The first thing I did as I watched some of the videos was chuckle and take cheap shots at all of the mis-spellings. I suppose admitting I did such right here in the blog post is an extension of that cheap shot, but hey… did you expect anything less from me?
It is quite the interesting situation. Sure enough, if you watch the videos, they are essentially date-for-date and word-for-word reprises of the news updates over on Daizenshuu EX.
The big question to ask is — what’s wrong with that?
Earlier in the post I noted it may be our own damn fault for not taking advantage of the medium — if the audience is on YouTube, why are we not there to take advantage of them and provide them with valuable content in their home territory? Shame on us. People expect the news to be pushed to them wherever they are most comfortable.
(The answer is that I can barely find the time these days to do all it is that I already do, never mind produce video features of each news post!)
In the prior post about the website feature, I noted how you could spin it in a positive way — people were discovering content (and in this case, news) that they otherwise would never have encountered (OK, maybe they eventually would have…). They were reading my words and my feelings. More people than before were doing so. In at least an indirect way, Daizenshuu EX was being imprinted upon the masses! How is that not a plus…?!
You can look at it from the protective side, though, as our e-mail author clearly did… and they’re not even the ones making the darn website updates that are being “stolen” (that our visitors feel so protective and full of honor for the site gives me a feeling resembling joy I think). There is a somewhat “creepy” feeling having your words regurgitated back at you with no attribution. It is pretty disingenuous of this YouTube user to go making update after update, video after video, and never citing their source. That’s just lazy, if not completely amateurish. Don’t they think something is a little weird about that? Lifting so much content and not saying where they first learned about it?
It got more interesting just this week when a completely separate fan posted up a thread on our message board about it. Apparently this content-lifting-individual (or is it a group?) is no longer happy to just copy-and-paste updates into YouTube videos, and instead are running a larger, more traditional website. This is when I start scratching my head a little more. I am not sure how I feel about it.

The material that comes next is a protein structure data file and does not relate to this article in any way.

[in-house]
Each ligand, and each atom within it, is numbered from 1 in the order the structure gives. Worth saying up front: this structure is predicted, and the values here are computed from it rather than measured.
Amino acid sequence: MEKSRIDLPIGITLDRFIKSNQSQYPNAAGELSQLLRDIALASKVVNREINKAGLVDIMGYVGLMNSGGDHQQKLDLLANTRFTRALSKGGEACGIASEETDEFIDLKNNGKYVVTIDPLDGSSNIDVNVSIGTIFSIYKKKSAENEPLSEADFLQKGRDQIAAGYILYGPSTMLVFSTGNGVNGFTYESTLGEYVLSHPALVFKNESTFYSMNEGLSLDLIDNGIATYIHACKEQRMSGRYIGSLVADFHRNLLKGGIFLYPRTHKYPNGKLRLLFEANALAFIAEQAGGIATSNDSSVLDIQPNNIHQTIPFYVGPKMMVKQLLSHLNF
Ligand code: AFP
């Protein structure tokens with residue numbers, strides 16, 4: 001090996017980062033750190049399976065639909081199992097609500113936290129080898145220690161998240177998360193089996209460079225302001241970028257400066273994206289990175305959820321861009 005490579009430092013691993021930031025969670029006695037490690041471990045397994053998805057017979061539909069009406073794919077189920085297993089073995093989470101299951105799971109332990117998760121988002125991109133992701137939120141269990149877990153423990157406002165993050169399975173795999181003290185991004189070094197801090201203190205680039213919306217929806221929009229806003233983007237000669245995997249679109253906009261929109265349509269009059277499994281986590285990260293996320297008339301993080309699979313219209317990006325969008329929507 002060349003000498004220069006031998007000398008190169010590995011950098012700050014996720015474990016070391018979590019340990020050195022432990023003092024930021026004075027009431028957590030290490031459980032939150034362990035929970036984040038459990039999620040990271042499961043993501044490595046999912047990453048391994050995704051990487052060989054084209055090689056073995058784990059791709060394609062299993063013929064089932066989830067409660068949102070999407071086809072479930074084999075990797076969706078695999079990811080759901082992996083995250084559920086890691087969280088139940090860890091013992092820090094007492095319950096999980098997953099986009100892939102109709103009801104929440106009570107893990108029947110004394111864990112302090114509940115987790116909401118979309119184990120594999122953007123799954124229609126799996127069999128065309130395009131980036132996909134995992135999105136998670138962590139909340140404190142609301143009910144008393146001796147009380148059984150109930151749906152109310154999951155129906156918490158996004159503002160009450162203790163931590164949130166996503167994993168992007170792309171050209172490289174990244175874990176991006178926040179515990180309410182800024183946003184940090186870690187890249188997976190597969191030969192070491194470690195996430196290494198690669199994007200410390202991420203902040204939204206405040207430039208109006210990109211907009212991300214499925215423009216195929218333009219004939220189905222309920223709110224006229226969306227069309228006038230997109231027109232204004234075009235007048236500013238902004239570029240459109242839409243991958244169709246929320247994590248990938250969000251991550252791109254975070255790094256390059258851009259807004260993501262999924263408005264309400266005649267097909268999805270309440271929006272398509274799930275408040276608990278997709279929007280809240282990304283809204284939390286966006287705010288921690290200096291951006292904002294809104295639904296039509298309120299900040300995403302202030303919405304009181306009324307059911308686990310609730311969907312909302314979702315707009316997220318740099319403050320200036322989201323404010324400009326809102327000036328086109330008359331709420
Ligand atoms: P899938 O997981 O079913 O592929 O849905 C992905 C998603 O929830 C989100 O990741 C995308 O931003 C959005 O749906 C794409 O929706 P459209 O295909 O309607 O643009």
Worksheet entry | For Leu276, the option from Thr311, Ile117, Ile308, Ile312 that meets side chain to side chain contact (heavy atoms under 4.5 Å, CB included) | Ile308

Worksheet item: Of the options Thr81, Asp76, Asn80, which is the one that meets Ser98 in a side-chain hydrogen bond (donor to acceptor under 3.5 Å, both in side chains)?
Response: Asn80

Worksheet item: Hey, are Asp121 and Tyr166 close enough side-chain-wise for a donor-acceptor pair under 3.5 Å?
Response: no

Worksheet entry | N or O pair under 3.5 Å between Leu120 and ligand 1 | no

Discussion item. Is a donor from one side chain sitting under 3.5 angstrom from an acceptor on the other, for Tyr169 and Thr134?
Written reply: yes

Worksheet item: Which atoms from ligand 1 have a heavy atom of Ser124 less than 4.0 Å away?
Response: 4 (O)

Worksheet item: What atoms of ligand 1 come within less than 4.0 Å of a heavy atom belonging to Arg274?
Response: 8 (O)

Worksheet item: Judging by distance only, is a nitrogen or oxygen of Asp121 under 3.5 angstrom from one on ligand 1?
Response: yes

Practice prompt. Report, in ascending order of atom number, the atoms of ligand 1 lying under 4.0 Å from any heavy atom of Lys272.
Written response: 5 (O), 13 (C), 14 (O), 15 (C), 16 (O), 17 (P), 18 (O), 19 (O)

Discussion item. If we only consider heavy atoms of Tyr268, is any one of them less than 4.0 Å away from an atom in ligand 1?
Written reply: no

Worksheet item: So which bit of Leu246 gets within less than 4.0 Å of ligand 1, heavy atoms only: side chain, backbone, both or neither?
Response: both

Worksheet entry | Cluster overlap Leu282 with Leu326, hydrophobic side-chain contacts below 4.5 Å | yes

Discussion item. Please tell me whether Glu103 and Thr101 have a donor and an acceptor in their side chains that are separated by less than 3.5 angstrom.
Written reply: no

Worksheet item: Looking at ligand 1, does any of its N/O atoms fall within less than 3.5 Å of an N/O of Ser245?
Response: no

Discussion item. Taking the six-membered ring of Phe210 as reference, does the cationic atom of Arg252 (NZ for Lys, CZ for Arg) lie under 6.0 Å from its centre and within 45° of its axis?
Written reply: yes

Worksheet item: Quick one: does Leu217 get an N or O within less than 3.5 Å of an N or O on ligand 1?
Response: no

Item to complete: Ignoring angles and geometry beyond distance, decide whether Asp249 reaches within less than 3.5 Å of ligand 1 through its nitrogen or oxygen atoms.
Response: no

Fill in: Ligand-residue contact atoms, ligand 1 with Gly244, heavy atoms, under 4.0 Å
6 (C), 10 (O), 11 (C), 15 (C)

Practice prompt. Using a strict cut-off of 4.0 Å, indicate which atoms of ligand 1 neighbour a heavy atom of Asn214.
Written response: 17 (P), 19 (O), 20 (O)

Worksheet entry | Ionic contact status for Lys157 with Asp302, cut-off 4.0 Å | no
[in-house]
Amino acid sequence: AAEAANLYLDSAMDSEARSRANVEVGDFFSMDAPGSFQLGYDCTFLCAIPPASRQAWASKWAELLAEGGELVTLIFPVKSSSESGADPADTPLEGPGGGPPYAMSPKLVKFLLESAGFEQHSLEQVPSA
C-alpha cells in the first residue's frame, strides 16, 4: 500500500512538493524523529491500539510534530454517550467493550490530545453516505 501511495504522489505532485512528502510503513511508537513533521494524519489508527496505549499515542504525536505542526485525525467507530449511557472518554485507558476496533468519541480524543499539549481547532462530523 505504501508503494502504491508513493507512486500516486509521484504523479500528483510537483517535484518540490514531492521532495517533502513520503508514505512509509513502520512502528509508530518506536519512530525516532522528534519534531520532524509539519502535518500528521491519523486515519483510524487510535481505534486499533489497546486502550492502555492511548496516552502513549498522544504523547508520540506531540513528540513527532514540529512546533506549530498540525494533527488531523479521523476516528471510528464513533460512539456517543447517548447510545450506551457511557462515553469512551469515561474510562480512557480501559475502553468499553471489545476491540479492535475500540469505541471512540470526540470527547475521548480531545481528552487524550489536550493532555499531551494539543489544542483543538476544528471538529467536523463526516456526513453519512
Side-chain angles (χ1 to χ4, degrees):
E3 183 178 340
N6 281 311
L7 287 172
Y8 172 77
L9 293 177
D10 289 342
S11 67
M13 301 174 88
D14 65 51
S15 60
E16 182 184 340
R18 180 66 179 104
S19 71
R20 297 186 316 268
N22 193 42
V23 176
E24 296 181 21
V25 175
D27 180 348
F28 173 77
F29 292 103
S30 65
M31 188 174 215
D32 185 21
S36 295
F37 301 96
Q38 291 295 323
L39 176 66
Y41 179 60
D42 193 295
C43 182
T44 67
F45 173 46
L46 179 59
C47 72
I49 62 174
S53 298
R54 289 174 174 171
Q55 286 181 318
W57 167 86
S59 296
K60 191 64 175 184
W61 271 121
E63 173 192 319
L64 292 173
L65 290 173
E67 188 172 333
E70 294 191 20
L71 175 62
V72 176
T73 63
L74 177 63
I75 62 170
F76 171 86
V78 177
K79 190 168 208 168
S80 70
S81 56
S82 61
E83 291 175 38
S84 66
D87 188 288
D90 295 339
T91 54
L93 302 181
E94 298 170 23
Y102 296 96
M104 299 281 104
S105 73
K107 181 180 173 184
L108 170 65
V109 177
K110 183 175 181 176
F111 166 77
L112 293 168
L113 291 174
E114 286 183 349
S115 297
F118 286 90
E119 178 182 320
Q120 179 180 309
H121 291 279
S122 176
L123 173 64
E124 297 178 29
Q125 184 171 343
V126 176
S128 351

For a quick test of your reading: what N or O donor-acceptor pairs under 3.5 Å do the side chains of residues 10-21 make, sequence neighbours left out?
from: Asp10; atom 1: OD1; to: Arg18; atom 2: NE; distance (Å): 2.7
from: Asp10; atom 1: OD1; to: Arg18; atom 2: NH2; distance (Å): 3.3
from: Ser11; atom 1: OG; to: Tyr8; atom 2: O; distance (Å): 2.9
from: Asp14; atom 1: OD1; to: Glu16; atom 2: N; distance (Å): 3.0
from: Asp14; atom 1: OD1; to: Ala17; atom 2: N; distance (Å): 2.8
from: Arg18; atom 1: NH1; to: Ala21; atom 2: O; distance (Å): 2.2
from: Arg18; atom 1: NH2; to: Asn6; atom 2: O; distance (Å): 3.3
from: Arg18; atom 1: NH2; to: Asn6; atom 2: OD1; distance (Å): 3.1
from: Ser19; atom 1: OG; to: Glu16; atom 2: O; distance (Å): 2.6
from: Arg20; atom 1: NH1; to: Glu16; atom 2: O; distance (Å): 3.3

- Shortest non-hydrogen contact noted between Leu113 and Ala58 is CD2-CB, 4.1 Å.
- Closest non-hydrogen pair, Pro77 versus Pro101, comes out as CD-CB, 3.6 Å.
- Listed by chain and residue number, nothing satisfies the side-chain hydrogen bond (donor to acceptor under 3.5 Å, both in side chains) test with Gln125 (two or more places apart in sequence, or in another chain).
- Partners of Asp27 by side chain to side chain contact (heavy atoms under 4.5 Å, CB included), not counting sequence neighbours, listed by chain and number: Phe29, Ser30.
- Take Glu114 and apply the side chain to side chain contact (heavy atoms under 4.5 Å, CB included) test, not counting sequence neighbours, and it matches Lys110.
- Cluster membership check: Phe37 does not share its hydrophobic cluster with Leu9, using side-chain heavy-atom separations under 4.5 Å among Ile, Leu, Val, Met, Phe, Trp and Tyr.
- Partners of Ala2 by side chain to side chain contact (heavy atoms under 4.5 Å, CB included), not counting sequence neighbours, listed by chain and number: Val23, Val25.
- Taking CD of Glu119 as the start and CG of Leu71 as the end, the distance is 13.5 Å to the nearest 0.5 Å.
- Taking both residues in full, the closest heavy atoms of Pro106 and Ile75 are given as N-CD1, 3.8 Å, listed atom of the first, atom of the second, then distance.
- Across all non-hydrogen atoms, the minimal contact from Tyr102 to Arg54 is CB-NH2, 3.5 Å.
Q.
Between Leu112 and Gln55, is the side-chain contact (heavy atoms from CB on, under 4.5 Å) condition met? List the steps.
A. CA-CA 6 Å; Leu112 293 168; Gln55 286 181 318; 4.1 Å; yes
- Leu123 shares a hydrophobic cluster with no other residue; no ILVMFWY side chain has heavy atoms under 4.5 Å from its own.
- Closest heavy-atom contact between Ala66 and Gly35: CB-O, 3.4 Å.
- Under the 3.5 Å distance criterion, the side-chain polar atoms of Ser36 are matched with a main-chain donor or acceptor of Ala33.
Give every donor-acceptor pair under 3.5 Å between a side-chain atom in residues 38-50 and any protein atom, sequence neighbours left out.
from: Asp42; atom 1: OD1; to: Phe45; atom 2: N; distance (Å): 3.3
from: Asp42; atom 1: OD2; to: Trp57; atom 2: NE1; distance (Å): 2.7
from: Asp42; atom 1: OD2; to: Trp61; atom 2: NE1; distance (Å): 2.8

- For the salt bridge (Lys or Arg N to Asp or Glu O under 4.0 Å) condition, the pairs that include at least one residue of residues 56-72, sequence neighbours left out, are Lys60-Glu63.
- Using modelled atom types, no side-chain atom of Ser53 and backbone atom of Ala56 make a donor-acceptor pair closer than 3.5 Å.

It is at this point that I do not particularly care sharing the identity of these folks. It is definitely worth it to really showcase the extent they are going to.
You have an update of theirs like this one announcing the inclusion of Plan to Eradicate the Super Saiyans in Raging Blast 2. The translation of the scan is verbatim copied-and-pasted from Kanzentai, while the image the bottom (with our standard blue border and drop shadow) is ours from Daizenshuu EX — they could have clicked through to the source link (which I provided) and grabbed the original, full-sized image instead of using my tiny, formatted one. Only the former object is credited… and to be honest, I did not even see that credit at first. The news is not our own, but certainly the translation of it is, and to a much lesser extent, the formatting on the image is… well, that’s something.
Head on over to this update of theirs with a gallery of ten animation shots from Plan to Eradicate the Super Saiyans. To be fair, these ten shots were released by Namco-Bandai to their press partners (of which Daizenshuu EX is one) for free distribution and promotion. Take a look at the file names this group used, though: assets_20100821_animation_10.jpg, and so on. Head on over to the respective “Tidbit” page on Daizenshuu EX, and without looking, take a wild guess at what file naming standard I re-named them all with before posting.